outcomes reported in Tables 1 and 2? That is, to what extent do the results
conform to the requirements for unbiased parameter estimates and efficient
hypothesis tests? How would you improve the model?
(c). Program evaluation
Briefly and clearly outline both an experimental and quasi-experimental option for
designing an evaluation to choose between the competing causal claims that sports in
school improves (or harms, according to some) academic outcomes. (You need to
consider only one quasi-experimental option.) (If you prefer, you could consider a
different outcome measure; for example, some claim that school sports induces juvenile
delinquency, while others claim that it reduces juvenile delinquency.) Discuss strengths
and weaknesses of each design, particularly from the perspectives of internal, external,
and statistical validity, as well as political and technical feasibility and, if relevant, ethical
considerations. Finally describe which evaluation design you would select and why.
III. There is a large theoretical and empirical literature in public choice and political
economy on rent-seeking. What is rent-seeking? (Use a diagram, if it aids your
discussion.) What, if any, is the difference between rent-seeking and corruption? In the
theoretical literature, what are the causes of rent-seeking, and what are the consequences?
(If you like, use a particular policy area to answer this question, such as energy policy,
education policy, defense or national security, including anti-terrorism.) What does the
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empirical literature say about these same questions? (Give some examples from the
empirical literature.) What are some current problems of theory and/or problems in the
empirical literature, and what opportunities for research do they open? Suggest such a
research question, and, if applicable, a corresponding empirical test.
IV. Virtually all nations supply education services to citizens. What, if any, market
failure justifies such intervention? Are the failures the same for the primary, secondary,
and tertiary levels? Why? If they are different, explain the differences. What are the
consequences of the market failure, and what are the implications of the failure for a
theoretically optimal set of responses? Would the optimal response be the same in an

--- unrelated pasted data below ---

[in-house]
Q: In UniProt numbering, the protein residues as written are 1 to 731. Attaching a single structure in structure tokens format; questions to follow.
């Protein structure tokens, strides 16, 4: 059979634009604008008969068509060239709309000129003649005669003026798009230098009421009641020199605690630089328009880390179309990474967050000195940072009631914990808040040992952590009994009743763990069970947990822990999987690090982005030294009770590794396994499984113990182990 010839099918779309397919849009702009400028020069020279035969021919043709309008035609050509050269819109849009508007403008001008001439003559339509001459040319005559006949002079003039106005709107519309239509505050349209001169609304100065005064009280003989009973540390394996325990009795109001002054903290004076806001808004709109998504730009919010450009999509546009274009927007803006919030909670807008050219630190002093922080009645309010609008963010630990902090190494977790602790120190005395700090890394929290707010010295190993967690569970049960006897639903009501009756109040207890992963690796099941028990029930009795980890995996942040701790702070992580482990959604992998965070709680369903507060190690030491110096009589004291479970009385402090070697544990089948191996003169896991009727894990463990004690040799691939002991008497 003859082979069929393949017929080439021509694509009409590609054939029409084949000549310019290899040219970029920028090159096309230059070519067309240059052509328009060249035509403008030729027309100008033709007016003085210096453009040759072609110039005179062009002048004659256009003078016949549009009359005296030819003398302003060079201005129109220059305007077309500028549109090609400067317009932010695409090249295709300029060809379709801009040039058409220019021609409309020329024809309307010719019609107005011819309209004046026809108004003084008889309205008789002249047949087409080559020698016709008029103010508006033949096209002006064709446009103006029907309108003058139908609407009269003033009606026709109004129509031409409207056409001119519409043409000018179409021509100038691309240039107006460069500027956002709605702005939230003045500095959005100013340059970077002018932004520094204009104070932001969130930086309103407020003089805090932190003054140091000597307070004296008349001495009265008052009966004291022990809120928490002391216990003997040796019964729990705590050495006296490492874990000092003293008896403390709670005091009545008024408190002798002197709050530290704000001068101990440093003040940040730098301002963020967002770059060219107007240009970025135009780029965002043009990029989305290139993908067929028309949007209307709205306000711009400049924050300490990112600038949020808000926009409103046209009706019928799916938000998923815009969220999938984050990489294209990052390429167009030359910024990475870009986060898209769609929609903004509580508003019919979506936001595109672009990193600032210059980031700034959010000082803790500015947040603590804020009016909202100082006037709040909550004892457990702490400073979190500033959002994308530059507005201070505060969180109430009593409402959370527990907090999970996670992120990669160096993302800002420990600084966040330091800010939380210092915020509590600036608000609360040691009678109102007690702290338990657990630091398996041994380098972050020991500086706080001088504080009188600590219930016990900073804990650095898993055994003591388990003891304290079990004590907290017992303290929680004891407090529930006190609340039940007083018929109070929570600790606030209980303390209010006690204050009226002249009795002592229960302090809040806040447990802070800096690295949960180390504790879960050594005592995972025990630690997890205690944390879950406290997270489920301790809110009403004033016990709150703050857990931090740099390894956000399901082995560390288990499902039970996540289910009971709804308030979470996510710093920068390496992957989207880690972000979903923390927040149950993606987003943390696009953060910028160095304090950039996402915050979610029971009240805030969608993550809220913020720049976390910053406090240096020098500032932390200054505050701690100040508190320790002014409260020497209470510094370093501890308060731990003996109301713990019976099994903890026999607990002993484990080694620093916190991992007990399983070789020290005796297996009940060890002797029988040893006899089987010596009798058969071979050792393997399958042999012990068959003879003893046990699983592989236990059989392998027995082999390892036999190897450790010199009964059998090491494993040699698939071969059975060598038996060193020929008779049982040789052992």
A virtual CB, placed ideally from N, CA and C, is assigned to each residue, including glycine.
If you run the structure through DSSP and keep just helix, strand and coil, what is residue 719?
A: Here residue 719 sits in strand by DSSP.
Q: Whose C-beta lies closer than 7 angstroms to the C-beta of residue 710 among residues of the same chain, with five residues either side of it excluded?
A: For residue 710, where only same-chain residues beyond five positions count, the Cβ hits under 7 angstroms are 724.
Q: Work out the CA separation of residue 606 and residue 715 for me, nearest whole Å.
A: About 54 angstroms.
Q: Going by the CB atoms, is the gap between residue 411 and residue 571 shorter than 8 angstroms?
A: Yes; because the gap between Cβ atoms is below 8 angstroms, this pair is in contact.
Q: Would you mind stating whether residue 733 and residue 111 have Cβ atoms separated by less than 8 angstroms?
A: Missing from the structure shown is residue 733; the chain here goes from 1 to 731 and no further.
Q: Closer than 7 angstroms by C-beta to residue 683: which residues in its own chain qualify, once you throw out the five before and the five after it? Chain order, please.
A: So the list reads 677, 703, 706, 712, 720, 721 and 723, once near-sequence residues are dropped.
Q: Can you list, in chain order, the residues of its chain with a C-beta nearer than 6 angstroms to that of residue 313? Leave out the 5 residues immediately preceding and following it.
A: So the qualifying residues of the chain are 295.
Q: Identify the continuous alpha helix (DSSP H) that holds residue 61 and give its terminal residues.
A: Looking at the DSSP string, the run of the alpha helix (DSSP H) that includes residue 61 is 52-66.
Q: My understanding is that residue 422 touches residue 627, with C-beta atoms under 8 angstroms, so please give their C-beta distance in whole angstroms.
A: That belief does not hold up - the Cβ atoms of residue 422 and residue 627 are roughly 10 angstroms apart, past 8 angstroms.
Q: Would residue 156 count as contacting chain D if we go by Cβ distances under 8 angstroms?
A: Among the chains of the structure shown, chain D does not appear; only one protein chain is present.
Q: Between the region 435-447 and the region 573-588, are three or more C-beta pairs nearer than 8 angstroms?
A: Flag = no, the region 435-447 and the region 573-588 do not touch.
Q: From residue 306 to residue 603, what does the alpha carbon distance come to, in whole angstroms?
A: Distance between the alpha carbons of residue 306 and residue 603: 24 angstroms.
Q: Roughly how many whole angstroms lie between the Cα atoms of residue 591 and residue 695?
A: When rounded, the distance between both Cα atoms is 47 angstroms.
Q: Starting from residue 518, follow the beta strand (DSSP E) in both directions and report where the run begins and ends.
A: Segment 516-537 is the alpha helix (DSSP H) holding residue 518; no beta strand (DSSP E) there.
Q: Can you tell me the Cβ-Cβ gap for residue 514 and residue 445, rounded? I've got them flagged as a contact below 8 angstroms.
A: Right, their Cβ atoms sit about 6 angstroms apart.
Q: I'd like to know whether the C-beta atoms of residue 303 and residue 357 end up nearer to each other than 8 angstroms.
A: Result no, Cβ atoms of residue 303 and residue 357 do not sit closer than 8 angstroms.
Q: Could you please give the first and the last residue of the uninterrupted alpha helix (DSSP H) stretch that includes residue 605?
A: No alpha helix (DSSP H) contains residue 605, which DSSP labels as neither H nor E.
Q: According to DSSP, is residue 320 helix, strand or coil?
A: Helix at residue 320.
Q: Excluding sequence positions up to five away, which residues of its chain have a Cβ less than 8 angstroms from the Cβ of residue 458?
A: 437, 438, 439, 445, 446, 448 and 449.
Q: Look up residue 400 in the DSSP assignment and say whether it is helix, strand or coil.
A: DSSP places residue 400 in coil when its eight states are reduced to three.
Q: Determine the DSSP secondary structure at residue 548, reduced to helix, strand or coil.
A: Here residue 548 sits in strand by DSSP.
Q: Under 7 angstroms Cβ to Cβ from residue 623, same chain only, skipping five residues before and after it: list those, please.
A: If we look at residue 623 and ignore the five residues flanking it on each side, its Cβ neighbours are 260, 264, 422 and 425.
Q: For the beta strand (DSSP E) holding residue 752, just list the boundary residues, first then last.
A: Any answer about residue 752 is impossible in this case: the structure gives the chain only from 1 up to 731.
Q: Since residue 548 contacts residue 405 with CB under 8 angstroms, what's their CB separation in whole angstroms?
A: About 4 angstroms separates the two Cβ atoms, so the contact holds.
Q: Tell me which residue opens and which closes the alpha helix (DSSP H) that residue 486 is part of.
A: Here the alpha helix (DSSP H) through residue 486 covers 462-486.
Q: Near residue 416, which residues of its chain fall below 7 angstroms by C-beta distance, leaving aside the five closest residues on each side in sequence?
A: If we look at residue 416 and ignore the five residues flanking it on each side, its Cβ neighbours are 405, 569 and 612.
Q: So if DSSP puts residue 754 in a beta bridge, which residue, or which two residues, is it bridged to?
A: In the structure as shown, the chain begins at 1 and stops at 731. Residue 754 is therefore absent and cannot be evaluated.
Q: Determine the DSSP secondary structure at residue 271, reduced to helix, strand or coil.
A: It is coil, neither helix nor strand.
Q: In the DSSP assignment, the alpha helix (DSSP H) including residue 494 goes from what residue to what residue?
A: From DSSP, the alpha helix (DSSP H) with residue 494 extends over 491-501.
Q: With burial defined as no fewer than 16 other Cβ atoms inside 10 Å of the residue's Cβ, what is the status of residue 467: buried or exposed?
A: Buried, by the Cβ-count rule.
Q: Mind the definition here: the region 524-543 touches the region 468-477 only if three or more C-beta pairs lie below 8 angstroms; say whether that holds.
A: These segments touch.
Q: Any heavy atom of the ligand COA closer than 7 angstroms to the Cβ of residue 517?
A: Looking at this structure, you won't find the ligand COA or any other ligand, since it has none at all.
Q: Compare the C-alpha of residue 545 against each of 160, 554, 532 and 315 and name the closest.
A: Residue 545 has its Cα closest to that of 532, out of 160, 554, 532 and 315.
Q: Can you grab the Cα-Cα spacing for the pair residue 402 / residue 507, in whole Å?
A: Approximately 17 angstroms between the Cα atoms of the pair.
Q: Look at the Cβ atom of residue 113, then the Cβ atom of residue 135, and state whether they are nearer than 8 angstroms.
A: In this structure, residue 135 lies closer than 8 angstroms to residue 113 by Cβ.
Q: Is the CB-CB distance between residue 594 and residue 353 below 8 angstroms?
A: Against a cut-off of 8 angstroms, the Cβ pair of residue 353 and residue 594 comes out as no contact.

established democracy as in a developing or less developed nation? What are the likely
government failures? Are the likely government failures the same for the primary,
secondary, and tertiary levels? Why? If they are different, explain the differences. What
are the probable consequences of likely failures with respect to efficiency and equity?
Are the failures likely to be the same in an established democracy as in a developing or
less developed nation, or in a totalitarian nation? Select one of your conjectures and
suggest how you could test it empirically. (You may consider a within-nation study, or a
between nation study. Cite relevant literature, and show how your study would add to or
contrast with what others have done.)
V. Policy researchers can choose among three major types of designs: randomized field
experiments (RFEs), quasi-experiments, and non-experiments.
A) In general, briefly discuss the primary characteristics, advantages, and disadvantages
of each of these three types of designs.
B) Which of these three types of designs would you use to test the hypothesis that women
who earn higher salaries are more likely to return to work after childbearing than women
with lower salaries. Justify your answer with a discussion of internal validity, external
validity, and feasibility. (You do not need to describe the details of your design;
however, it may be useful to identify a specific type of design within the general category
of design that you recommend.)
C) What underlying general theory (if any) underlies this expectation, and how (if at all)
does the use of a general theory help you to evaluate the validity of your design?